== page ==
The decisive defeat of 1983 was pivotal. Until then most of the left of the Labour Party had coalesced around the Labour Co-ordinating Committee (LCC). It then split between a modernising majority and minority that combined Bennites, far left groups such as the ill-named Campaign for Labour Party Democracy and Labour Briefing (Corbyn was on its Executive), as well as some Trotskyist entryists. These forces did not see Labour’s manifesto as ‘the longest suicide note in history’ (as Gerald Kaufman put it). Instead the eight and a half million votes were (as Benn argued) a ‘remarkable development’ as a ‘socialist bridgehead has been established from which further advances in public understanding and support can be made’.3

The hard left drew no lessons from that defeat (or its predecessor in 1979) concerning the changing culture, sociology and demography of British society, and the consequences for attitudes and voting. Instead, they persisted with the belief that if the correct leadership captured the machine they could organise and evangelise their way to power. This ‘vanguardist’ view of left politics is activist and organisation-centred, and most of the campaigns run by hard left groups in the 1980s focused on subordinating elected representatives to those activists (notably through mandatory reselection). In a telling example, in 1987 the new hard left umbrella group, Labour Left Liaison, wrote to me (as the then Chair of LCC) to propose cooperation around seven issues. Only one – defence of unilateral nuclear disarmament – was policy-based. The others included ‘democratisation’ of the PLP, recognition of black sections, changes to women’s organisation and access of women to parliamentary shortlists, and additional accountability of MPs to constituency parties. Whilst supporting some of these measures, we declined to work with the new group.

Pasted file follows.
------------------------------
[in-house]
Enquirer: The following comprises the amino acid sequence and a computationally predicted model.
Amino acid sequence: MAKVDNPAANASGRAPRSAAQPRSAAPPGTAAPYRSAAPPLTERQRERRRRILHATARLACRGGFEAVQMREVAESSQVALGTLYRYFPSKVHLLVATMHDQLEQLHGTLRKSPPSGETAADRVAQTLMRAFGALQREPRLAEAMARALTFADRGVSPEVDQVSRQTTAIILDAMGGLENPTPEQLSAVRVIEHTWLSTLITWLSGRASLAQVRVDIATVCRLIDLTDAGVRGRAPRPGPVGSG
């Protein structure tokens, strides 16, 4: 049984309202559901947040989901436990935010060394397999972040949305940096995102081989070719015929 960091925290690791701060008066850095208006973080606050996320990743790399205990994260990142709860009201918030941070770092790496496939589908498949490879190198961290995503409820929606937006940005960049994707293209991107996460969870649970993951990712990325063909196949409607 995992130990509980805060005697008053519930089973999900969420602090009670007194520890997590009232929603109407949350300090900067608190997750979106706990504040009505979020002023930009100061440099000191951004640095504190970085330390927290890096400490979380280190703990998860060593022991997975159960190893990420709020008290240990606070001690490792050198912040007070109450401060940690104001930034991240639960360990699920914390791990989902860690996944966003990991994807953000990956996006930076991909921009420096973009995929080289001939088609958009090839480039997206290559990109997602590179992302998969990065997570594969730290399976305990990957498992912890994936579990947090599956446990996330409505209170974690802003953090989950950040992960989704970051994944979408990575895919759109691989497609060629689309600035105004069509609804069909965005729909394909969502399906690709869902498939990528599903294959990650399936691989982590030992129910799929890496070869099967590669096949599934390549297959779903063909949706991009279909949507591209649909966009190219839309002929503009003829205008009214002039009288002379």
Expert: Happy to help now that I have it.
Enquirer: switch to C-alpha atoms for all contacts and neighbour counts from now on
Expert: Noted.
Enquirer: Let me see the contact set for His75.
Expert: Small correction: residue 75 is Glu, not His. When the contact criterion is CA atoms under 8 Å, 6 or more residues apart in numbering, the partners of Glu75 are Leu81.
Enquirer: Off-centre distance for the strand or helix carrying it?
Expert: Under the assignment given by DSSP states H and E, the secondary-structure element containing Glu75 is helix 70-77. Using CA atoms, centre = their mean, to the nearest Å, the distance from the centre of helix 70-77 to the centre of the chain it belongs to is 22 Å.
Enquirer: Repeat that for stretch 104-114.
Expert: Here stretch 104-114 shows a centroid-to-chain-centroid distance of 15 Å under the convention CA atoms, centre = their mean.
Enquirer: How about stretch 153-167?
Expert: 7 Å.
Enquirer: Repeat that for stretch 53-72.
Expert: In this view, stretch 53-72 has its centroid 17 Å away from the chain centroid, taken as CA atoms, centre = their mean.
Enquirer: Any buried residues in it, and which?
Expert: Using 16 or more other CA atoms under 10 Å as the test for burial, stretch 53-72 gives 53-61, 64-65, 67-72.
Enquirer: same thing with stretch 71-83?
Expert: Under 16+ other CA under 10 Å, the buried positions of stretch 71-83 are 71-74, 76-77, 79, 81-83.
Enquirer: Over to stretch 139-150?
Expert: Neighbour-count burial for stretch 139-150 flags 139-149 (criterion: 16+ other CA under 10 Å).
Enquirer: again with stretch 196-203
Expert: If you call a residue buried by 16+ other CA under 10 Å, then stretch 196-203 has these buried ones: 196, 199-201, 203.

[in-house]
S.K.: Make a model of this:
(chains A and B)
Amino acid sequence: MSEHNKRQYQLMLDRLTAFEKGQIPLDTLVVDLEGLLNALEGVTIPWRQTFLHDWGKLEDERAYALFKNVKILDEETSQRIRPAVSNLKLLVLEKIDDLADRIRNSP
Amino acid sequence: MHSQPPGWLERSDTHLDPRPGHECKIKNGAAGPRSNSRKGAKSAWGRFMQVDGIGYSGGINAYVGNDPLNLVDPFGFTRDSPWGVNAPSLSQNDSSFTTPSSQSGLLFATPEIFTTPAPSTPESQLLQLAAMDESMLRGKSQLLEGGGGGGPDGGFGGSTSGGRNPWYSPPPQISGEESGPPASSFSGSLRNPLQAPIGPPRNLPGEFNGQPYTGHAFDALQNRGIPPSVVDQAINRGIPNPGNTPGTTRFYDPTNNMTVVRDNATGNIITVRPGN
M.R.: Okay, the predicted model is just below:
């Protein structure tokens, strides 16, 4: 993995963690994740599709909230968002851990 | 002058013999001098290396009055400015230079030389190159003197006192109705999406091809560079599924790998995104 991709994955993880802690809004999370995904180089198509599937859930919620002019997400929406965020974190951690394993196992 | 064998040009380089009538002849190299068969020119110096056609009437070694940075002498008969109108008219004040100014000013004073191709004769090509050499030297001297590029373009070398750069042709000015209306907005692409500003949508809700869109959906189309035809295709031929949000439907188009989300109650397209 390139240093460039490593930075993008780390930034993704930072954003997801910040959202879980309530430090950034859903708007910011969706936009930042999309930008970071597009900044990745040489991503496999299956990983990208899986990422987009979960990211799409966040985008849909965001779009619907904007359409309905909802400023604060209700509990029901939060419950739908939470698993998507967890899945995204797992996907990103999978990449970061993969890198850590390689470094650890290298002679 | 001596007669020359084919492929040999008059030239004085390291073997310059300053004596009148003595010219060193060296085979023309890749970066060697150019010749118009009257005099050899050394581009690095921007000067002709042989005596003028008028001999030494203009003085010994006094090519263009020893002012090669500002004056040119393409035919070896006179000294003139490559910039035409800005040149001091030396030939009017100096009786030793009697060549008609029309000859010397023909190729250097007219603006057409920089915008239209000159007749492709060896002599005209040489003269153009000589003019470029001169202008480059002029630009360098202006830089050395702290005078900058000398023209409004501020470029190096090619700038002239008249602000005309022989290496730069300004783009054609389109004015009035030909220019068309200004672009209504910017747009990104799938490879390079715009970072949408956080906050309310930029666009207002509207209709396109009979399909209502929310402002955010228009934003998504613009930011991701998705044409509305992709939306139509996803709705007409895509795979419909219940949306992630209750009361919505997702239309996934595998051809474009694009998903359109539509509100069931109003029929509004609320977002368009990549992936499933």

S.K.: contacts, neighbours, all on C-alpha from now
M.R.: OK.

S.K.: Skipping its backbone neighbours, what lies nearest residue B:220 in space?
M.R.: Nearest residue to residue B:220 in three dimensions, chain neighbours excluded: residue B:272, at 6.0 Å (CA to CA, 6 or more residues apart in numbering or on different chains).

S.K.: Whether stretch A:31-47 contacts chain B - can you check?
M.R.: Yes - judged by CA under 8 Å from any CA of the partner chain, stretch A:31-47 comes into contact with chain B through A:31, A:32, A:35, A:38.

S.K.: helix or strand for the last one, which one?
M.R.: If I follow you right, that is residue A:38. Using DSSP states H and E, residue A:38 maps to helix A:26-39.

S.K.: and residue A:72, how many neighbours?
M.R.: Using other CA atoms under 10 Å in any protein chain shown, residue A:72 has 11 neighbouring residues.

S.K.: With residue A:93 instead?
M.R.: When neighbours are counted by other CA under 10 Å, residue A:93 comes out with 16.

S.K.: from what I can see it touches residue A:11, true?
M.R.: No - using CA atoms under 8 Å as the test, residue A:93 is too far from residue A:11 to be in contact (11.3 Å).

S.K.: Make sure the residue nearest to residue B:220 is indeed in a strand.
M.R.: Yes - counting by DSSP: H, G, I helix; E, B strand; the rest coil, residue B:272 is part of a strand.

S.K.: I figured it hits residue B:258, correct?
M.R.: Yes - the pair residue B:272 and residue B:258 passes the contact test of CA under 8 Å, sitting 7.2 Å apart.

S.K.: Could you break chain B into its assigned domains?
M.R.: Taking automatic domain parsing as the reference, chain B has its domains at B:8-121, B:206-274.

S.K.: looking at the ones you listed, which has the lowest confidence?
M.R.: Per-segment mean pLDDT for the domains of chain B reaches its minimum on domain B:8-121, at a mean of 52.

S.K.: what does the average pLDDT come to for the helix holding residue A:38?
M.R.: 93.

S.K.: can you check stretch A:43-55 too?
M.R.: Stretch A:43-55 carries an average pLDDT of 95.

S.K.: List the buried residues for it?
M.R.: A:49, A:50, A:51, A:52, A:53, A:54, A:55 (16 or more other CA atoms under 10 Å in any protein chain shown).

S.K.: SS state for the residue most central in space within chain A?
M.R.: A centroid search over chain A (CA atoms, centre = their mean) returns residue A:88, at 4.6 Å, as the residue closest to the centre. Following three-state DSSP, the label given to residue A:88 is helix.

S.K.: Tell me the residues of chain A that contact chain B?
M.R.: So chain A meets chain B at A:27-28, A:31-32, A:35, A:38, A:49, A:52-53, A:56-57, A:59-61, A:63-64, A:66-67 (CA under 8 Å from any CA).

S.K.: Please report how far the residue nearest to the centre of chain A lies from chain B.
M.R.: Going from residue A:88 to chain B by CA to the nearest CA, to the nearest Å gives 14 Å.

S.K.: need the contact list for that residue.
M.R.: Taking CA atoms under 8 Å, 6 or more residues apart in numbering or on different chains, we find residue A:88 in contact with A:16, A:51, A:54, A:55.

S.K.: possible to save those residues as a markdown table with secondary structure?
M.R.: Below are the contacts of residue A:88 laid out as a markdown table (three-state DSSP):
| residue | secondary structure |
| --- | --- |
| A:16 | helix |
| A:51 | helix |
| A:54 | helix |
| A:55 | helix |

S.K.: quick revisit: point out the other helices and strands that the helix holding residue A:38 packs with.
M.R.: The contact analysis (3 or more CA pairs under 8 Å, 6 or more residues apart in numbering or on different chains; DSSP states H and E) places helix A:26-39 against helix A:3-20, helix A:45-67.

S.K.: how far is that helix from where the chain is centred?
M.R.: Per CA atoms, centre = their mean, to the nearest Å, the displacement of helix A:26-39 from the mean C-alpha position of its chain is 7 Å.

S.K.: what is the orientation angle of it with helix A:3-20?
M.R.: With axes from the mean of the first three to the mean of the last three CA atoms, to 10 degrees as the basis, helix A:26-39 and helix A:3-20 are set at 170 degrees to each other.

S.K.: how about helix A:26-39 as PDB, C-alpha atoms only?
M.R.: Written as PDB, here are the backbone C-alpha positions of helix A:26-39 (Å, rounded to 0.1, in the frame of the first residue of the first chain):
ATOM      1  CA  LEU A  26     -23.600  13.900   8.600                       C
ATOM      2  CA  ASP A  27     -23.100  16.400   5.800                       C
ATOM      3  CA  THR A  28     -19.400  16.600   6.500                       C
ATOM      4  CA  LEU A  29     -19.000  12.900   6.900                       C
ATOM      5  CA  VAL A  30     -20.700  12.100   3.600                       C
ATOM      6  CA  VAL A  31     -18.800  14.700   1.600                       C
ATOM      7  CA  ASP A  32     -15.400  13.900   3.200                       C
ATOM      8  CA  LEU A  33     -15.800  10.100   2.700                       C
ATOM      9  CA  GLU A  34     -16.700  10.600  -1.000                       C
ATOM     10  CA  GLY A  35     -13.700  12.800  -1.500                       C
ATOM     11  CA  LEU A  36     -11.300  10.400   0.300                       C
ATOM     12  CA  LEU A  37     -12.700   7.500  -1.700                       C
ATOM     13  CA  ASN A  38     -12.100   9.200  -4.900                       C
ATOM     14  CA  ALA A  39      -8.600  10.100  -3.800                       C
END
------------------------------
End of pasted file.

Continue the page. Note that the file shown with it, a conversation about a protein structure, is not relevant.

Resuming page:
At the LCC’s 1983 AGM, the new majority began to assert a modernising agenda. Some of this was based on jettisoning unpopular policies such as withdrawal from the EEC and opposition to council house sales. More broadly, it was about developing a radical, but less statist and more market and ecology-friendly ‘pluralist socialism’. This would be combined with making Labour a ‘mass party’, with a membership capable of engaging with voters and social movements. The unwillingness of the hard left to move on its ideology or policies proved increasingly problematic. Ironically however, an organisational issue – their opposition to one member, one vote for internal democracy – proved a significant nail in their coffin. Though emphasis is rightly placed on Kinnock’s famous routing of the Militant Tendency at and after the party conference in 1985, the building of a soft left majority amongst activists and members was crucial to revitalising the Party’s prospects.

History repeating itself?